The officials at NFAI are understandably peeved when the press takes pot shots at them, and ask why the spotlight hasn’t been pointing at the good stuff that’s been happening.
Following reports that a large quantity of film reels had gone missing from the vaults of the National Film Archive of India (NFAI), institute director Prakash Magdum said recently that the vaults were being assessed, and a ‘clear picture would emerge’ once the audit was finished in November.
He also said that the institute has multiple reels of most of the classics that are reportedly missing.
He told the media that the institute has been following the best international archival practices and cutting-edge film preservation technology in recent times.
“All reels at the NFAI are being preserved in temperature-controlled conditions in 19 storage vaults. Every reel is at present being taken out and being RFID-tagged. The stock-taking assessment, which started in March, will definitively clear up things once the audit is completed in November,” Mr. Magdum said.
A report, based on an RTI query, in an English daily said that missing reels included hundreds of celluloid prints of Indian classics like Satyajit Ray’s ‘Apu Trilogy’, Mehboob Khan’s Mother India and Mrinal Sen’s Bhuvan Shome.
It said that several international acquisitions like Sergei Eisenstein’s landmark 1925 classic Battleship Potemkin, Vittorio De Sica’s Bicycle Thieves, Akira Kurosawa’s Seven Samurai and Andrzej Wajda Ashes and Diamonds were also missing.
These films were part of more than 28,000 reels which were disposed of on two occasions by the NFAI, in 1995 and in 2008.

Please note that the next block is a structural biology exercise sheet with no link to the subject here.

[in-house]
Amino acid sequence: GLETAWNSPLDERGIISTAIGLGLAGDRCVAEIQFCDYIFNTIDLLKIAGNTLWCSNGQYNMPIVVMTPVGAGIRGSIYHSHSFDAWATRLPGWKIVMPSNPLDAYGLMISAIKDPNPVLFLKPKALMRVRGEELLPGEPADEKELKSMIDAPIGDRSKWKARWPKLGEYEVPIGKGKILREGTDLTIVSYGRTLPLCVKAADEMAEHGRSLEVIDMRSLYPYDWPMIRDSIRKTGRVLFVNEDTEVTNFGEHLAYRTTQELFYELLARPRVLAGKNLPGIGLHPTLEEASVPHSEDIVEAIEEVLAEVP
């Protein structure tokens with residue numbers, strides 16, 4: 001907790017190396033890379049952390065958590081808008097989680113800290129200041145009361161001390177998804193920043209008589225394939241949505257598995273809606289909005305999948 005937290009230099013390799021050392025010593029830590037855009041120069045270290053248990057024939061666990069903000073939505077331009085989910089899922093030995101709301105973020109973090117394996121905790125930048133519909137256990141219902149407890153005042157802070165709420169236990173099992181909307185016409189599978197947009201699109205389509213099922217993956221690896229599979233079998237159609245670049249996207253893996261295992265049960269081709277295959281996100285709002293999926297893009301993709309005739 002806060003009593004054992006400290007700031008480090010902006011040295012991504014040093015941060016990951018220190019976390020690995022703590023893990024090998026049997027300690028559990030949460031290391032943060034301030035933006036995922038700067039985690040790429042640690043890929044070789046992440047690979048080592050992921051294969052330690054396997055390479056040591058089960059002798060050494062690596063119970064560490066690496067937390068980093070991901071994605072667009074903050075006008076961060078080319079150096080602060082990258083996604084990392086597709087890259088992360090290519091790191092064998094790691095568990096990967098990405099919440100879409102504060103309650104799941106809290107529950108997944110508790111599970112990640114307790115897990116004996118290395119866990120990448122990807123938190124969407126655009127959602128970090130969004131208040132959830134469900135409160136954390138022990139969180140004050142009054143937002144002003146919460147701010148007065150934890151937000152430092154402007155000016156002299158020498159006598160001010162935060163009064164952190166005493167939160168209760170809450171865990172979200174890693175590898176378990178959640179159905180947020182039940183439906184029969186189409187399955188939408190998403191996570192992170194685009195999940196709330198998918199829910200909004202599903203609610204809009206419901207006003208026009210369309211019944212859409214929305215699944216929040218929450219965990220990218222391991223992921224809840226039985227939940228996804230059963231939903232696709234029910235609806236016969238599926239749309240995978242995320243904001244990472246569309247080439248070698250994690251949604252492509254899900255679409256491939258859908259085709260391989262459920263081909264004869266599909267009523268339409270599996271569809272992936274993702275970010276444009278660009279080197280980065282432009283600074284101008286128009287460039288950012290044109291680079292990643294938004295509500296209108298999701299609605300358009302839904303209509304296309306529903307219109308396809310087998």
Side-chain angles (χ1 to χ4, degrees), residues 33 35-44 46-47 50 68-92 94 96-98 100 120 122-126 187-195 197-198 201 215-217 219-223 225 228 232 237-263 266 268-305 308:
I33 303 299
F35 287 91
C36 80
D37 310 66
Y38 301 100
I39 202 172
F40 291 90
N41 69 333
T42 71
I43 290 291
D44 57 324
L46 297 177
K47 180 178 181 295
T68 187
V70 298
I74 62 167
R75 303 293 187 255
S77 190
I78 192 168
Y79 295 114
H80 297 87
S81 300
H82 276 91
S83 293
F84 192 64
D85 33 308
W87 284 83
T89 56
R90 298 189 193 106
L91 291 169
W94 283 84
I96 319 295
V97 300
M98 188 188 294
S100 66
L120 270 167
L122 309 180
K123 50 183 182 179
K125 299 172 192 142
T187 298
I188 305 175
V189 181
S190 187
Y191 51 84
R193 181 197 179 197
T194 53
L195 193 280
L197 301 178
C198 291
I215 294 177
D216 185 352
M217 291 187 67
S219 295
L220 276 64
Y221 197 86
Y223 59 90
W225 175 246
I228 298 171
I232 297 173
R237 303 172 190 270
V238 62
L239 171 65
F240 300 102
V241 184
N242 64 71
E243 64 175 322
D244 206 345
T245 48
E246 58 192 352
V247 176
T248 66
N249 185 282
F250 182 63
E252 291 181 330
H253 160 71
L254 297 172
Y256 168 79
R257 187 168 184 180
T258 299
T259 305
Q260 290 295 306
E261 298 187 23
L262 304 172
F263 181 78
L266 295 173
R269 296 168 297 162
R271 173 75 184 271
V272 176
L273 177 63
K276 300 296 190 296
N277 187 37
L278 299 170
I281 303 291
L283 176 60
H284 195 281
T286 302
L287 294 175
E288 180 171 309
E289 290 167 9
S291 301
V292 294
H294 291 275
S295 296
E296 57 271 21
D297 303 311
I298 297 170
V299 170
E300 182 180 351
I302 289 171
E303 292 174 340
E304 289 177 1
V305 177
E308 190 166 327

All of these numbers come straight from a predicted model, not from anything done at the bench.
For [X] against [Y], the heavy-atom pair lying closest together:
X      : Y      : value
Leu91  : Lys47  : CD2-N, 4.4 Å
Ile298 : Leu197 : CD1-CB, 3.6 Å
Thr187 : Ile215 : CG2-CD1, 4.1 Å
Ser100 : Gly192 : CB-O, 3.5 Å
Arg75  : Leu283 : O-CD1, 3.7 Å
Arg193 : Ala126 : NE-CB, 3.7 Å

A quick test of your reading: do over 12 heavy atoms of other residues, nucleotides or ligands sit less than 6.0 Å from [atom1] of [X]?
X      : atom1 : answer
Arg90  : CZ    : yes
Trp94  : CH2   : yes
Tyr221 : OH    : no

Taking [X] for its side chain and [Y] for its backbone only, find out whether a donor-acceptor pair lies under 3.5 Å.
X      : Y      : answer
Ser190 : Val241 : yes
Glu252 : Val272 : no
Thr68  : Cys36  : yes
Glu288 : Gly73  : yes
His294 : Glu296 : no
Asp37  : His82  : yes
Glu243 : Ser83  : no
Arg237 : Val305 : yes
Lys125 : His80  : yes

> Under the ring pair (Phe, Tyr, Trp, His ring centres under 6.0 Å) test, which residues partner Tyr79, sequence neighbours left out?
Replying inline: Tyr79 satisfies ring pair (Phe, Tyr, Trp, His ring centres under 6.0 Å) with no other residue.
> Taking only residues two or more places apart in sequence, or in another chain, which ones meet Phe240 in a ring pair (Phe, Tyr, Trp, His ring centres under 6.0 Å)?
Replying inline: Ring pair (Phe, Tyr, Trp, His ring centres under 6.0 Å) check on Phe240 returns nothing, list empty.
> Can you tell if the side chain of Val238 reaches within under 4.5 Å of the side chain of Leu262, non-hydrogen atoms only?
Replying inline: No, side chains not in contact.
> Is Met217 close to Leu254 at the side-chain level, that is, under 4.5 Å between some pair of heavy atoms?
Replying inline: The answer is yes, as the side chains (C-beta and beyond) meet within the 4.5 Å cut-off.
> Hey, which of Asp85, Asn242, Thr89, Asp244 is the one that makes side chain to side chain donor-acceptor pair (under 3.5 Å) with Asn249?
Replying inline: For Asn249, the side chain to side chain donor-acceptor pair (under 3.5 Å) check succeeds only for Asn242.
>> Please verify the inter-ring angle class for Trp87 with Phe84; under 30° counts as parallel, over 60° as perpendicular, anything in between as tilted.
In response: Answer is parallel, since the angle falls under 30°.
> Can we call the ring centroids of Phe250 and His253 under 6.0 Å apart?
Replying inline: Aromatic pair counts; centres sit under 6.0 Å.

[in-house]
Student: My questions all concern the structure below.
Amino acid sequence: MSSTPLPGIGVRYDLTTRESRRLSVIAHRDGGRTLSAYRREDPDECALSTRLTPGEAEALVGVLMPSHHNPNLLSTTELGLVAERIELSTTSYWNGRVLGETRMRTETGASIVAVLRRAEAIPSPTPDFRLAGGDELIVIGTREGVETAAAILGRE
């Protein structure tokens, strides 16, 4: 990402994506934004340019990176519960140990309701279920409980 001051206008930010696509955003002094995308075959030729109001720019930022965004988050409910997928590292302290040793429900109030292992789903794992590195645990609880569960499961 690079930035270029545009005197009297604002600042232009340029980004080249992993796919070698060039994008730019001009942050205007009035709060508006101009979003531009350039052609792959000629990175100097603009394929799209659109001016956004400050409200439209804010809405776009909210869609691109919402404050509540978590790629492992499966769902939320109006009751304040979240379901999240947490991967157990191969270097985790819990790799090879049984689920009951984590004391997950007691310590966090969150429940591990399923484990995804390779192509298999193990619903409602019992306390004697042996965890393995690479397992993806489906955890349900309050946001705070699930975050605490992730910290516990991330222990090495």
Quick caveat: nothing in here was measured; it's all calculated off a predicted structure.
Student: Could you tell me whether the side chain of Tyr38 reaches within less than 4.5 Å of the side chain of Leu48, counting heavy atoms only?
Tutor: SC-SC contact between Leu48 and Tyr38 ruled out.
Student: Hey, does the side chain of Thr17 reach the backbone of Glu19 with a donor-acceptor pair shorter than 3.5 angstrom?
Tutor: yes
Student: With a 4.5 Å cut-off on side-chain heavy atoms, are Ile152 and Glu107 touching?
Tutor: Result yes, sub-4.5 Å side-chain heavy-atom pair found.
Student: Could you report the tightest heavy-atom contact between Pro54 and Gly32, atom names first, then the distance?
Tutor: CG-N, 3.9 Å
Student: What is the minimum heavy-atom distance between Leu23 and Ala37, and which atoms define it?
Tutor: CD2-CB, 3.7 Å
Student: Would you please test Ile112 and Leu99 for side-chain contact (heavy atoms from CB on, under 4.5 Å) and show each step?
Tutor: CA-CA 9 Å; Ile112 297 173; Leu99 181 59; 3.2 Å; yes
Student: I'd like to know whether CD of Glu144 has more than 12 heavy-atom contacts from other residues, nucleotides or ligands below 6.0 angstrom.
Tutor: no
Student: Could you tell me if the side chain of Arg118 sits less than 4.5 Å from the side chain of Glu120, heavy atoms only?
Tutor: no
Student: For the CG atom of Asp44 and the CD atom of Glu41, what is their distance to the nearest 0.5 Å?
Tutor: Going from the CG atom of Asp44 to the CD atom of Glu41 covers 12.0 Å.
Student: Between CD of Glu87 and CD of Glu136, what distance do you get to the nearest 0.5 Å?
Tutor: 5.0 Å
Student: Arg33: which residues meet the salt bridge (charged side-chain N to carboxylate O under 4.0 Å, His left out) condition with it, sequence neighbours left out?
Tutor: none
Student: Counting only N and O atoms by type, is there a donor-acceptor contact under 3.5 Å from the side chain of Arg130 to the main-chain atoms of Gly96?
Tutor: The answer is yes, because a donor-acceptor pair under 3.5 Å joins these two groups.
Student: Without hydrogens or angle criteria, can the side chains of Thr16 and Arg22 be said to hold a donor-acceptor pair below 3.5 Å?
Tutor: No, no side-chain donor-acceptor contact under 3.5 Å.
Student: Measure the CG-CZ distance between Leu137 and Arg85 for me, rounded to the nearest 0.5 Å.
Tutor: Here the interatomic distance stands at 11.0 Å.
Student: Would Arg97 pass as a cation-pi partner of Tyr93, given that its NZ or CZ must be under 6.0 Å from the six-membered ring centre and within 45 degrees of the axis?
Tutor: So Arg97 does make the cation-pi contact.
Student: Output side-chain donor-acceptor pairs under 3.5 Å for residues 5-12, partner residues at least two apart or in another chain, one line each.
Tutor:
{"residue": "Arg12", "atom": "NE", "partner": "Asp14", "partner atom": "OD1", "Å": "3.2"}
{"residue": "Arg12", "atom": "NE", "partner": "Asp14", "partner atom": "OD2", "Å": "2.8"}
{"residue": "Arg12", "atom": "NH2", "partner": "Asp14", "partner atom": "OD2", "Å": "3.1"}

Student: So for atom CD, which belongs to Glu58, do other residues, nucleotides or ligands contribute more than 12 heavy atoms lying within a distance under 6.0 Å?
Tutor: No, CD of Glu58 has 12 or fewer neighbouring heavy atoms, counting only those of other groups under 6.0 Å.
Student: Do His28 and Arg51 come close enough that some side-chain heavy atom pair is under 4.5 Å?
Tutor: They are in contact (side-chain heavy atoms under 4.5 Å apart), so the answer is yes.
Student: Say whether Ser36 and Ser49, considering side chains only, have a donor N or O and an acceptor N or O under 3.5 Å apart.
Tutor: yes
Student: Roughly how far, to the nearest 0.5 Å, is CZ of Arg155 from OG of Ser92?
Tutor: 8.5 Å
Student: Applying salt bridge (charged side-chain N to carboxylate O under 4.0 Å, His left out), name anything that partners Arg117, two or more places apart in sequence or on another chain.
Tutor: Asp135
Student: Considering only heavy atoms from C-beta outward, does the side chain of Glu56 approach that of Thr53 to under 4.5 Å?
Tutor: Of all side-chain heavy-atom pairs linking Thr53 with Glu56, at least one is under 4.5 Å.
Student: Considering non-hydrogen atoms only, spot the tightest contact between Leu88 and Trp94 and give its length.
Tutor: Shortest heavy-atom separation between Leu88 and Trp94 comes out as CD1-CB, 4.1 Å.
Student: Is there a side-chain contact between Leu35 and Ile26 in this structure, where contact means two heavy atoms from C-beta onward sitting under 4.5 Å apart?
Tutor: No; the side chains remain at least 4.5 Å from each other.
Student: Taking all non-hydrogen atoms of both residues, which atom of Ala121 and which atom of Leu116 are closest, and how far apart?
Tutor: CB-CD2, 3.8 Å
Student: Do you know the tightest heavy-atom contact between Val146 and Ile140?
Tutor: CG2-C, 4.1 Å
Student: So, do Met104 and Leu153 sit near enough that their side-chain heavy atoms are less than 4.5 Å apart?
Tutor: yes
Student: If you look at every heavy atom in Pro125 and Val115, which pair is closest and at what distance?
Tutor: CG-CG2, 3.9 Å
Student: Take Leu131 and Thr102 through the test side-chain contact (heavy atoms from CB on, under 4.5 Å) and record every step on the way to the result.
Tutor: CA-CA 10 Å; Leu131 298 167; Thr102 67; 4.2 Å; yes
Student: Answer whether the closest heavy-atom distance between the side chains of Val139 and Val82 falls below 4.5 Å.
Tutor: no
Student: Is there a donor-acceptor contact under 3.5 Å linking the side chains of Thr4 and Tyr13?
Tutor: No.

Mr. Magdum, however, said the NFAI had multiple copies of the aforementioned titles. “There are concrete reasons as to why the reels were disposed of in the first place. In the instance of classics, either they were in an advanced state of deterioration or else multiple copies were occupying premium space. For instance, we have 10 reels of Battleship Potemkin. We have to decide on how many to retain keeping in mind our ever-growing space requirements,” he said.
A top NFAI official has indicated that the films disposed of had “no heritage value” whatsoever. “The process of reel disposal is sensitive and can often cause misunderstandings of an alarmist nature. Most of the disposed of material contained a lot of Bollywood pot-boilers. It is unfortunate that lack of resources, which contributed to poor record-keeping in the past, is obscuring our present world-class efforts at film preservation,” the official lamented.
In 2010, the NFAI had asked a firm called Cameo Digital Systems to carry out a barcoding exercise on every reel in its vaults.Two years later, the firm completed the project and submitted a summary of the inventory, which brought to light slipshod record-keeping processes at the NFAI. It pointed out that more than 51,000 cans of film reels and over 9,200 prints “were not physically present” at the archives.
One of the chief reasons for this fiasco was shoddy record-keeping and a severe staff crunch, things which the NFAI has only gradually started to remedy in the last couple of years, Mr. Magdum said.
“The disposal [in 1995 and 2008] was not reflected in the NFAI registers, but was captured in Cameo’s “missing” inventory report. Likewise, similar disposal exercises were undertaken during the tenure of past NFAI directors, for which no record is available. Another problem is that duplicate accession numbers have been given to similar titles for a large number of films,” he said.
Mr. Magdum said besides RFID tracking, the NFAI has introduced a number of world-class international practices in collaboration with experts from around the world, as part of the National Film Heritage Mission.
“We are in the process of adopting FIAF moving image cataloguing guidelines and software recommended by FIAF, the world body of film archives. This will take care of compiling the database of films, books and documentation at the NFAI,” Mr. Magdum said.
The institute is also collaborating with experts from Italy’s Il Imagina Ritrovata, who are providing advice in assessing the condition of film reels and negatives.